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2009-09-07 06:14 am (UTC)
My point was more that all of these things get thrown into the same basket, so that the totally understandable and necessary and ethical desire to protect kids from bullying gets equated with transient skirmishes, and even with 'protecting' kids from 'exposure' to deviant people, because the central idea seems to be that anything out of the ordinary could be damaging. The reaction, say, of some parents to sex ed seems to be as fierce, and articulated through pretty much the same language ('my child shouldn't have to experience x') as the response to bullying.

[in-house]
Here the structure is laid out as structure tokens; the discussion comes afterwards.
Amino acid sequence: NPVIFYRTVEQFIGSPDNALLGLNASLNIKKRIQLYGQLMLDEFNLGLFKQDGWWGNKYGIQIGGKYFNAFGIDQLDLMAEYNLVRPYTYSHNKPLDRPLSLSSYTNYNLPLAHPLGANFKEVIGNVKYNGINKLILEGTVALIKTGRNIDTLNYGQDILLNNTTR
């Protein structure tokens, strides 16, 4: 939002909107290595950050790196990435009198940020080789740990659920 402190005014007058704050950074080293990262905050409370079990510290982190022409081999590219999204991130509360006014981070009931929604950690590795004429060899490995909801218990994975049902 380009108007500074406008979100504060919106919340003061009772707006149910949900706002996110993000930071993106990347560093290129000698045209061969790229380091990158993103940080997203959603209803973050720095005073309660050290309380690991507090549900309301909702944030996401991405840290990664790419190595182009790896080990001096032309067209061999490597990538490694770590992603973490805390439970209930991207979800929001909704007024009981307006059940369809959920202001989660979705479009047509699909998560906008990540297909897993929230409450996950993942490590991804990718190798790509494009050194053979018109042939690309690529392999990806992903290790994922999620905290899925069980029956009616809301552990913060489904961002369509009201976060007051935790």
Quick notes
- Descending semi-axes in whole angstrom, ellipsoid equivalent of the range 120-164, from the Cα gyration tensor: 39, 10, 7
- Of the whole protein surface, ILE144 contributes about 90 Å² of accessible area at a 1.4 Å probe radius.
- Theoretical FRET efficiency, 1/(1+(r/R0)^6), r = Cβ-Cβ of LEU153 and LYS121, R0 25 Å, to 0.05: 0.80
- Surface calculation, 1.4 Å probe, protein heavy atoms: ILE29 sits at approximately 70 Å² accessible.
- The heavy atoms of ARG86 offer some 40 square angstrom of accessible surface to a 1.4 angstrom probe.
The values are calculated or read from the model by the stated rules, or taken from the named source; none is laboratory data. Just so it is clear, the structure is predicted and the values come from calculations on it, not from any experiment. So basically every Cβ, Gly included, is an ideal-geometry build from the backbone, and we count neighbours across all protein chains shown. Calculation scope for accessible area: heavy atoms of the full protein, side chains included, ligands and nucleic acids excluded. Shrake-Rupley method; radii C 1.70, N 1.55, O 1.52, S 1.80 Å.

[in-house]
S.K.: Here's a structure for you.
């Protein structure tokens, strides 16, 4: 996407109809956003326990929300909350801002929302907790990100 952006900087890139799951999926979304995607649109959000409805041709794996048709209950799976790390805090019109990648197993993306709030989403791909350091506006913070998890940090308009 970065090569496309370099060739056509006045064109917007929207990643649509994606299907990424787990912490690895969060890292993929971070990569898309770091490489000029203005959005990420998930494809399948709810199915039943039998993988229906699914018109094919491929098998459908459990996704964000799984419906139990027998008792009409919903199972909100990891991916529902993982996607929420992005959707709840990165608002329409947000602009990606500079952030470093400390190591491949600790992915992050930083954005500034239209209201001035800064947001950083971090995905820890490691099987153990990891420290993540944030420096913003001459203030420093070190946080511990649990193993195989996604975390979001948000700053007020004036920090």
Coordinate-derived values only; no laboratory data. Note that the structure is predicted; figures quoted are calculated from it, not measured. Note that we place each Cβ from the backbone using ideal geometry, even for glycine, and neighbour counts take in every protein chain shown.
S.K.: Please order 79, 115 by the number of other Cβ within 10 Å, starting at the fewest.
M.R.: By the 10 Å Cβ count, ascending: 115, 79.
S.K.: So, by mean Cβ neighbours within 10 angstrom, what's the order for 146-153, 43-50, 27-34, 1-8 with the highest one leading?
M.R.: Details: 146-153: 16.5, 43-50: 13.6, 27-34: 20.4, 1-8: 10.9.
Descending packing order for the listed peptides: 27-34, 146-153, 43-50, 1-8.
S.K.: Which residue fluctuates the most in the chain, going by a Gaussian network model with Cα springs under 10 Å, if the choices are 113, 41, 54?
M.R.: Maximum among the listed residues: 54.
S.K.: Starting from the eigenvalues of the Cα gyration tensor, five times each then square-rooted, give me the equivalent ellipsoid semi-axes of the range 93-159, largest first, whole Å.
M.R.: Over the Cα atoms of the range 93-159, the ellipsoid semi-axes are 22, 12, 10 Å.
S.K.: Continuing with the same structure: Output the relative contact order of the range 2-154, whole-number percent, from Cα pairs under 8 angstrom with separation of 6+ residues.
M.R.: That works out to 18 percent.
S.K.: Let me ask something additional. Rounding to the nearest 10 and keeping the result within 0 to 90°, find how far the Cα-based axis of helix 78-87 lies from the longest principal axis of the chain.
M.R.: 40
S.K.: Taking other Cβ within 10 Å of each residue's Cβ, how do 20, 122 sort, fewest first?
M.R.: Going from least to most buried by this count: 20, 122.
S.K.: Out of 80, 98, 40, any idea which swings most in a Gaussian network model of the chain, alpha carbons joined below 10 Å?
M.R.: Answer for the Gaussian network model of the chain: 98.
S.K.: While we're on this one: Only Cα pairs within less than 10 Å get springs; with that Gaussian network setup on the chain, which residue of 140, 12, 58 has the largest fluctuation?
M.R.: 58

My point is not that there
differences between bullying and, say, keeping kids away from people with disabilities, but that this model treats them as equivalent, meaning that differences are always situated as damaging. Is that clearer? For the record, I'm totally on board with dealing with bullying, and yes, I agree, it's really important, partly because it's an indicator that anti-bias work isn't quite functioning at the correct level in the school, and partly because kids just shouldn't have to go through that. My concern is that when the model of 'protect kids from anything traumatic' gets extrapolated out, as I think it does, so that almost anything different winds up in the same basket...
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